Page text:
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So I will sign off now with 10 days until Christmas and 2 days until Herbie is 7 months post transplant.

I will post again hopefully before the big day. Fingers crossed that the news continues to stay positive. We are now totally off MMF and the steroids are being weaned to (6mls twice daily) . His bloods, although hit rather hard after the virus a few weeks back, are recovering

HB 13.8

WCC 6.71

Neutrophils 5.03

lymphocytes 0.27

platelets 226

My little elf
My little elf

 

hope you are all feeling festive!

 

 

 

 

When the smooth ride hits a bump…

T+191

So just when I allowed our family some breathing space, just when I figured we were getting to a place, 6 months post transplant, where we could relax just a little, things changed. I should know how this goes by now!

On Wednesday Herb woke up early and behaved the same as every morning. He didn’t eat much breakfast but seemed fine. He began to complain of a headache and said he felt sick. I gave him some calpol after checking first that he didn’t have a fever, he didn’t. He was sick but said afterwards that he felt good. He spent the day on the sofa playing games as usual on his ipad but we decided not to go to The Hub as he wasn’t quite right.
By 5pm it became apparent that he was definitely under the weather. After many battles with many thermometers, the Braun ear thermometer, a forehead scanner and the GOS faithful tempadot , all of which gave varying temperatures from 36.5 (normal) to 39.4 (definitely NOT normal), we called the JR switchboard with a heavy heart knowing that we were off to hospital for a minimum of 48 hours. Everyone was very sad.

It took some sorting out on the part of one of our lovely community nurses , Laura, to get Herb admitted. First of all he still needs a cubicle, not easy during November. We feared we may get sent to the Horton where he’s not known but thankfully a cubicle on Bellhouse Drayson was found, number 25. I know I should be thankful but cubicle 25 is where Herbie spent his 5th birthday and I dread being there!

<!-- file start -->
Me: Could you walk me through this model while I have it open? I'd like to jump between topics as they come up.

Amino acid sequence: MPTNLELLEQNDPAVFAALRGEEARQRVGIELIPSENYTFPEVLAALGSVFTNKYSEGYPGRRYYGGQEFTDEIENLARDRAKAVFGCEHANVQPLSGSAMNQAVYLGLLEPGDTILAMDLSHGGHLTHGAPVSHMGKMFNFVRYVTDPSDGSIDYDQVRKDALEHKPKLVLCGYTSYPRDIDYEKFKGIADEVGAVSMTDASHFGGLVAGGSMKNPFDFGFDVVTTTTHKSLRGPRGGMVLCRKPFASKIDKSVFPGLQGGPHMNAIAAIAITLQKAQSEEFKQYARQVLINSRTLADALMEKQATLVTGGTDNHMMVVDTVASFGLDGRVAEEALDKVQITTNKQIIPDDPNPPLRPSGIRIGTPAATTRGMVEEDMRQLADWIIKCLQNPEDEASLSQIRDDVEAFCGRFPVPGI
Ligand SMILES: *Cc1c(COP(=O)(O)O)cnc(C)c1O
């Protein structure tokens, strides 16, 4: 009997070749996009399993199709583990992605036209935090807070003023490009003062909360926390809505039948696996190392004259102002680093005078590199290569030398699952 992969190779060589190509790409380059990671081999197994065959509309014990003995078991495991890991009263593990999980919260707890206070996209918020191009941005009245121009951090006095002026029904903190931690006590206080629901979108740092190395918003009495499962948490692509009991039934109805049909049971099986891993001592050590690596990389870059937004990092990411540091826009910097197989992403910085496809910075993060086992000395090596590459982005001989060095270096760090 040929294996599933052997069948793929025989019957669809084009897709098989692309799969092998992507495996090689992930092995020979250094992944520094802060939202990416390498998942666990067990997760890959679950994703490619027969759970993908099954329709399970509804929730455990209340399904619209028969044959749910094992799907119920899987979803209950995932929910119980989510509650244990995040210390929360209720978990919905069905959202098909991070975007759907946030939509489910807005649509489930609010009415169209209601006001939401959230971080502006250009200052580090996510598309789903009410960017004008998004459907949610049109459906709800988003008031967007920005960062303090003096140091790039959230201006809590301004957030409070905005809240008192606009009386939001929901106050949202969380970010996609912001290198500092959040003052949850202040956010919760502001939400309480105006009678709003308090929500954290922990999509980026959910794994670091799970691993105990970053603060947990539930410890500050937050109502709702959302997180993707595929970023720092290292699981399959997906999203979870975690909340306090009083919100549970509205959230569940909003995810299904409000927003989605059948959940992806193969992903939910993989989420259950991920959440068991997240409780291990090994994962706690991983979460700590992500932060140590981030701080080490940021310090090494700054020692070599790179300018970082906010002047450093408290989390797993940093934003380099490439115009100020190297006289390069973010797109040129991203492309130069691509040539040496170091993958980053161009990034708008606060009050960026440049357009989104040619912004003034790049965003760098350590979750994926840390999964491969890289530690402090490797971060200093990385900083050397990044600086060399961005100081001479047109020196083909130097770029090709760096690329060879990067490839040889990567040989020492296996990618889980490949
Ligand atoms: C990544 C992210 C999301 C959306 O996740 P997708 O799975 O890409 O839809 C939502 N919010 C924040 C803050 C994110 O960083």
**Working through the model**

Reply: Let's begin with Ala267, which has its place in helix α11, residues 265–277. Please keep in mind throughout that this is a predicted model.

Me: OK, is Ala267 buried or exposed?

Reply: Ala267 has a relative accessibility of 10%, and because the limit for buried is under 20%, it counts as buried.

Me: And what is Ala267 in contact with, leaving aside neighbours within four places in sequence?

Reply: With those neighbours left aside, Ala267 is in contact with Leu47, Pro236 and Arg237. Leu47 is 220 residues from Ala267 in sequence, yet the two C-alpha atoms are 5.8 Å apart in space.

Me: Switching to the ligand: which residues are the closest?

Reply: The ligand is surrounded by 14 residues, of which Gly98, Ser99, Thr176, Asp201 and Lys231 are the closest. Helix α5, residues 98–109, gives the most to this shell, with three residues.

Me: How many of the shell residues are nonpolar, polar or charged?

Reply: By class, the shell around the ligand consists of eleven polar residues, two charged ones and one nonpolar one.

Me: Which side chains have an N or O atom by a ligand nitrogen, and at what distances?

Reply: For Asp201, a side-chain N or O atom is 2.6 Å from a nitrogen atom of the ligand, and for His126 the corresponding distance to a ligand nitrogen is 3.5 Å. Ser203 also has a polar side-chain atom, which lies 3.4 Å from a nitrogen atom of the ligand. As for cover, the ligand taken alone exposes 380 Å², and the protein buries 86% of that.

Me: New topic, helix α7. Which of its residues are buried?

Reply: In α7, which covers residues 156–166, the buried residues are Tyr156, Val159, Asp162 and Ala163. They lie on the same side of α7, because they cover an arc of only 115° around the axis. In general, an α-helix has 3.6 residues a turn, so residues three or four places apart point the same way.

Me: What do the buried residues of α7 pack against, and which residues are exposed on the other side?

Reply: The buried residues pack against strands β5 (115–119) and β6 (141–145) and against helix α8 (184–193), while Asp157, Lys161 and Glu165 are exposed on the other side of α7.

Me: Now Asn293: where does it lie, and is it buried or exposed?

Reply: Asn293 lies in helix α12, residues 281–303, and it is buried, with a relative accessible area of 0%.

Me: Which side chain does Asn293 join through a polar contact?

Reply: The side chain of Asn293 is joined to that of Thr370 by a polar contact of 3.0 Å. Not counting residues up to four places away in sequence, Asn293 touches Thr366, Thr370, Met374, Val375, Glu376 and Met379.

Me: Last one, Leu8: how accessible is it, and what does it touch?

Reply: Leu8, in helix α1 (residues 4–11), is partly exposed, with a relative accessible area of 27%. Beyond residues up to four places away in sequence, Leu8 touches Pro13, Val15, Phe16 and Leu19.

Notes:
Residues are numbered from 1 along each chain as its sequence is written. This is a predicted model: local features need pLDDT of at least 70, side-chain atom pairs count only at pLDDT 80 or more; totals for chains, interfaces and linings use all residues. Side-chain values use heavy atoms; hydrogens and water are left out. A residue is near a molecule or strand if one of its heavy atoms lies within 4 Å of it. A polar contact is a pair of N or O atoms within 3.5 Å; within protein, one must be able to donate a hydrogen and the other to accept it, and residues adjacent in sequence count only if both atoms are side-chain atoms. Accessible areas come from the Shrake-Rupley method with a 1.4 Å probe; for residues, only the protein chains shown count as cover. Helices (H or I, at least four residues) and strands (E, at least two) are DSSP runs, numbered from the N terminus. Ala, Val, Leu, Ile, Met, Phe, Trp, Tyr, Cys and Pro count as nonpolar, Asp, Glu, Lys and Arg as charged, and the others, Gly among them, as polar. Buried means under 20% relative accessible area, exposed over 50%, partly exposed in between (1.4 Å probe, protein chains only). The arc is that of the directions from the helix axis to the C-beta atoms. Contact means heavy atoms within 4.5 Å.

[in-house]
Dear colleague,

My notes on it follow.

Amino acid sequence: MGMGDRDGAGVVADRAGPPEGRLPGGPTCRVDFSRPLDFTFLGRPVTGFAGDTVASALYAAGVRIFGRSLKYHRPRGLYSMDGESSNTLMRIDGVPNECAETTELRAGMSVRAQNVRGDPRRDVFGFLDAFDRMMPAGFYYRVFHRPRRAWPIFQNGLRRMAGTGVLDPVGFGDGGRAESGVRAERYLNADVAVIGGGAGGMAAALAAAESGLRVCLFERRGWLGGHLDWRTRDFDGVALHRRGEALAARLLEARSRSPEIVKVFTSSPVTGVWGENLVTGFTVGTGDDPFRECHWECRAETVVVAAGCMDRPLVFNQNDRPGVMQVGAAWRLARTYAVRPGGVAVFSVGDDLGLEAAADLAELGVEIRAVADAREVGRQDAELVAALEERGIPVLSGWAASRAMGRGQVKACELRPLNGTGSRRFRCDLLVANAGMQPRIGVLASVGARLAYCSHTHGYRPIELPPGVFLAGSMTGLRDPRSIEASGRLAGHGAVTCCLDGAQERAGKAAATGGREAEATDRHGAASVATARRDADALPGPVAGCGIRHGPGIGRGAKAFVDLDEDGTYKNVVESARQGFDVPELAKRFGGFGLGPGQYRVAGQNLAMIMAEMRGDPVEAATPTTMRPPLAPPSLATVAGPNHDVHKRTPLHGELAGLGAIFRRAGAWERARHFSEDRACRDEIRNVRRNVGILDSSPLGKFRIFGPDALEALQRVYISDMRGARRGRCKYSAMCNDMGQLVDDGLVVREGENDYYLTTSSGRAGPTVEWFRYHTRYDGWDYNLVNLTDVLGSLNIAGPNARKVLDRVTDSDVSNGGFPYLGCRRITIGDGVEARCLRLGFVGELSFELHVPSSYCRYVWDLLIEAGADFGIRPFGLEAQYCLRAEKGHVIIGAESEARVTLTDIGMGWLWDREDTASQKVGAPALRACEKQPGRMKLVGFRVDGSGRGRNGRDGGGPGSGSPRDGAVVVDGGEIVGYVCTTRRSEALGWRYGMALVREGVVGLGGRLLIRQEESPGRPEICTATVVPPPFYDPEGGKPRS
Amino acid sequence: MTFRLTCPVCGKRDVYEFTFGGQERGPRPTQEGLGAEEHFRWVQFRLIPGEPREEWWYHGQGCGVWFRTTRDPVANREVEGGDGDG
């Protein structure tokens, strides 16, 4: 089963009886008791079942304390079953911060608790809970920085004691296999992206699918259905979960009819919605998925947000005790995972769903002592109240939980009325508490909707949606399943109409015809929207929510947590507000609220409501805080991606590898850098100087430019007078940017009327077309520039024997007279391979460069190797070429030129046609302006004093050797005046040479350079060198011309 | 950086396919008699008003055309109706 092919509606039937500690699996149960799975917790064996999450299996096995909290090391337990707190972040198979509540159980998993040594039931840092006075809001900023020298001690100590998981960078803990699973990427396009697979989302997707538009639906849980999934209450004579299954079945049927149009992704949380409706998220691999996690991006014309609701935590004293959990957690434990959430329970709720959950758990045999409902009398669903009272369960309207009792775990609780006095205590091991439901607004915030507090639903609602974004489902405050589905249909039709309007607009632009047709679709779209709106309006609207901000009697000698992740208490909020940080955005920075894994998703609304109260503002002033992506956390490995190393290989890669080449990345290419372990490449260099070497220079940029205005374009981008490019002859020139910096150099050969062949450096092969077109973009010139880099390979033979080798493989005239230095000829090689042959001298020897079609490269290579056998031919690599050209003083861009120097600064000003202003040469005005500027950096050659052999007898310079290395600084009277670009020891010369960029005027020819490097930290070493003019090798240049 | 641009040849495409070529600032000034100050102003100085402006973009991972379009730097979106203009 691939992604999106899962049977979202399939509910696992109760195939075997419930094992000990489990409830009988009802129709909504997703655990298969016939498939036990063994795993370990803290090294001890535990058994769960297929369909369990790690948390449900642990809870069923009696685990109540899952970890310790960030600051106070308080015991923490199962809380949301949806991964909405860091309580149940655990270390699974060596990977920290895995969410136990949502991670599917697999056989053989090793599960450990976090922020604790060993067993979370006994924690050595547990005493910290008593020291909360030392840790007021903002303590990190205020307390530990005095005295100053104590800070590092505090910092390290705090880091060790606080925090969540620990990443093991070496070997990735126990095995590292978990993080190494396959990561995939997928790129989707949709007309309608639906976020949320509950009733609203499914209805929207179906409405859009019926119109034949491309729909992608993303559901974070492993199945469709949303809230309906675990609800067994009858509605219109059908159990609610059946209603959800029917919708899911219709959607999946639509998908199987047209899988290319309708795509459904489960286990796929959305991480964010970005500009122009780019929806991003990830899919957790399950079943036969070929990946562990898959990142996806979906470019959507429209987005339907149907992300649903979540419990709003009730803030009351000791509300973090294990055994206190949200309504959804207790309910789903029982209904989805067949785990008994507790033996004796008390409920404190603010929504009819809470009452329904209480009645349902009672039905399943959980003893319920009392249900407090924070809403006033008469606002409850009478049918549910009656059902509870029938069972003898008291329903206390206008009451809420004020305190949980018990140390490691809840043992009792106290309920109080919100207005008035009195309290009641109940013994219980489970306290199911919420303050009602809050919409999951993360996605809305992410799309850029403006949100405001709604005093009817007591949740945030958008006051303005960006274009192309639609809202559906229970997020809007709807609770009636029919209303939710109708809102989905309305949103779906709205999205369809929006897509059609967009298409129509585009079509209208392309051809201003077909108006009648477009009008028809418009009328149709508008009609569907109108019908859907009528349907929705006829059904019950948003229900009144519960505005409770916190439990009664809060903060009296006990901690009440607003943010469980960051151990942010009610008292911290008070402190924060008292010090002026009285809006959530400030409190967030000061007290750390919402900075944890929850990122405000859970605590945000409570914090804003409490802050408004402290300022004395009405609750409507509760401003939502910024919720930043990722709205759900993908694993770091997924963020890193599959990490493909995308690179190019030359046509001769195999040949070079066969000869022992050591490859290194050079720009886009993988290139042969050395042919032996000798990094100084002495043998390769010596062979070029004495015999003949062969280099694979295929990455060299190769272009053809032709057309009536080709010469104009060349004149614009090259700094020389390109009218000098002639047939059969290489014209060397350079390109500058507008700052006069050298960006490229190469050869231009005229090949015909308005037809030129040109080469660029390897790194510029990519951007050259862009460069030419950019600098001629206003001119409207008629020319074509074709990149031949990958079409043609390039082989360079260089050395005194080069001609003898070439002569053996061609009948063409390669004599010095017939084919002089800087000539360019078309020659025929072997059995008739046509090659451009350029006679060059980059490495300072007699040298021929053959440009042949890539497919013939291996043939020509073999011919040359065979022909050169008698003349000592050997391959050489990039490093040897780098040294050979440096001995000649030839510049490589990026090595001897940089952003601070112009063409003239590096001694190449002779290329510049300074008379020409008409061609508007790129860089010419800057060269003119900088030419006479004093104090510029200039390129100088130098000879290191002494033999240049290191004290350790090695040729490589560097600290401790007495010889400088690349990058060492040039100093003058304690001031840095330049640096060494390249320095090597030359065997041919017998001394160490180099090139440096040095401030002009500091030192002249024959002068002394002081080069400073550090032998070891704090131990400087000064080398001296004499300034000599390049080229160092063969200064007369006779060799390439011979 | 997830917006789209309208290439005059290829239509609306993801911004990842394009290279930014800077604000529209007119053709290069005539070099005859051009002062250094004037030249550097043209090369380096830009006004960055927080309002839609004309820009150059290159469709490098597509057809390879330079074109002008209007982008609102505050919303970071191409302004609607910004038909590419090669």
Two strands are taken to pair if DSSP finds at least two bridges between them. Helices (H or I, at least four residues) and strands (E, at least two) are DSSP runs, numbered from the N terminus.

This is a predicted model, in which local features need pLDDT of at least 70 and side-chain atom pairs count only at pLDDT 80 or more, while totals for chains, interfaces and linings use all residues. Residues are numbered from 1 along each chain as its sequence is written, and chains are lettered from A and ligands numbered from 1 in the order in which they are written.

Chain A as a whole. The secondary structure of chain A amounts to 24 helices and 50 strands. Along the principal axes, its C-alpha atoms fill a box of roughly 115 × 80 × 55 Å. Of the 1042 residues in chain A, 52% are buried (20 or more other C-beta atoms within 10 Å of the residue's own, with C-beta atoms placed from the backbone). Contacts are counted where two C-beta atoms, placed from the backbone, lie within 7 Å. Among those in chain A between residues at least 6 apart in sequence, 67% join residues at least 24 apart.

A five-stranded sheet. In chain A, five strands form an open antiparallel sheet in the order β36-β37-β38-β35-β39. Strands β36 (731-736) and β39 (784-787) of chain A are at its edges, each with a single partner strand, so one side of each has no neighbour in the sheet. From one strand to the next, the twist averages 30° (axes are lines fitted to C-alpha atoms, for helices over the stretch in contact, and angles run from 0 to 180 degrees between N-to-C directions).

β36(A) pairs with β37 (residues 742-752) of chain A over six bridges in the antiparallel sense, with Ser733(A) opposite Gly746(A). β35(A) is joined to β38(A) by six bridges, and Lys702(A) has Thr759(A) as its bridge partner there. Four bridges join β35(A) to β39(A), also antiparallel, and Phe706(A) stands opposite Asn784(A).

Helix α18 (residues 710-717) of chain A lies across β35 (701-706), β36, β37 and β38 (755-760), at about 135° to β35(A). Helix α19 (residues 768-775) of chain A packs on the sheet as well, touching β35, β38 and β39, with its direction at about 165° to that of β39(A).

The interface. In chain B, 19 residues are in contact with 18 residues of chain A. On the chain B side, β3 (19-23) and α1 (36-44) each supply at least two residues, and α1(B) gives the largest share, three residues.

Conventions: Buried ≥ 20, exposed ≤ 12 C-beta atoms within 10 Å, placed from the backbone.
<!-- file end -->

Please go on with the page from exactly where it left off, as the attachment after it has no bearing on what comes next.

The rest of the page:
Herbie was sick a few times before we set off to the hospital and when we arrived in the car park ( but that was possibly due to Dan’s inability to decide on a parking space!)
He walked into room 25, lay on the bed and just got hotter. Rebecca , the nurse who looked after him on his 5th birthday, looked after him until handover. She asked if we would prefer another free cubicle, number 16, she understood!

Cultures were taken and Pip/TAZ started , iv fluids put up and calpol administered. Dan left to return to the other three children and I settled down for the night. Dr Mannesh reassured me by saying he thought it was likely to be viral and that he didn’t look as bad as he had on previous admissions.

Thursday arrived but sadly no improvement. He felt sick much of the day and complained that his head hurt. He slept, was sick a few times and didn’t eat or drink. The iv fluids stayed up. Victoria (his outreach teacher) came to play a game with him and he brightened on her arrival.

I spent a lot of time thinking during Thursday and Friday. It was all a bit too much like déjà vu. This time last year we were in and out of the JR as Christmas started popping up all around us. I didn’t want to be here again. I had promised all of my children and Dan, a different December , a happier, non hospitalised one.
Friday I had hoped would be the day we were discharged but it was clear from early on that this would not happen. I noticed that odd blotches were appearing over his body, they were not raised or spot like, so I hoped it was just a viral rash.
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He spent the morning laying on my bed watching a Christmas film on the ipad.

Watching a Christmas film
Watching a Christmas film

Amikacin was restarted and the steroids went back up…it all seemed like a backward step and I felt quite disheartened and flat for the first time in a long time.
Andy, the music man, came and asked if he would like to play the instruments , something he loves to do. His reply… “No thank you”.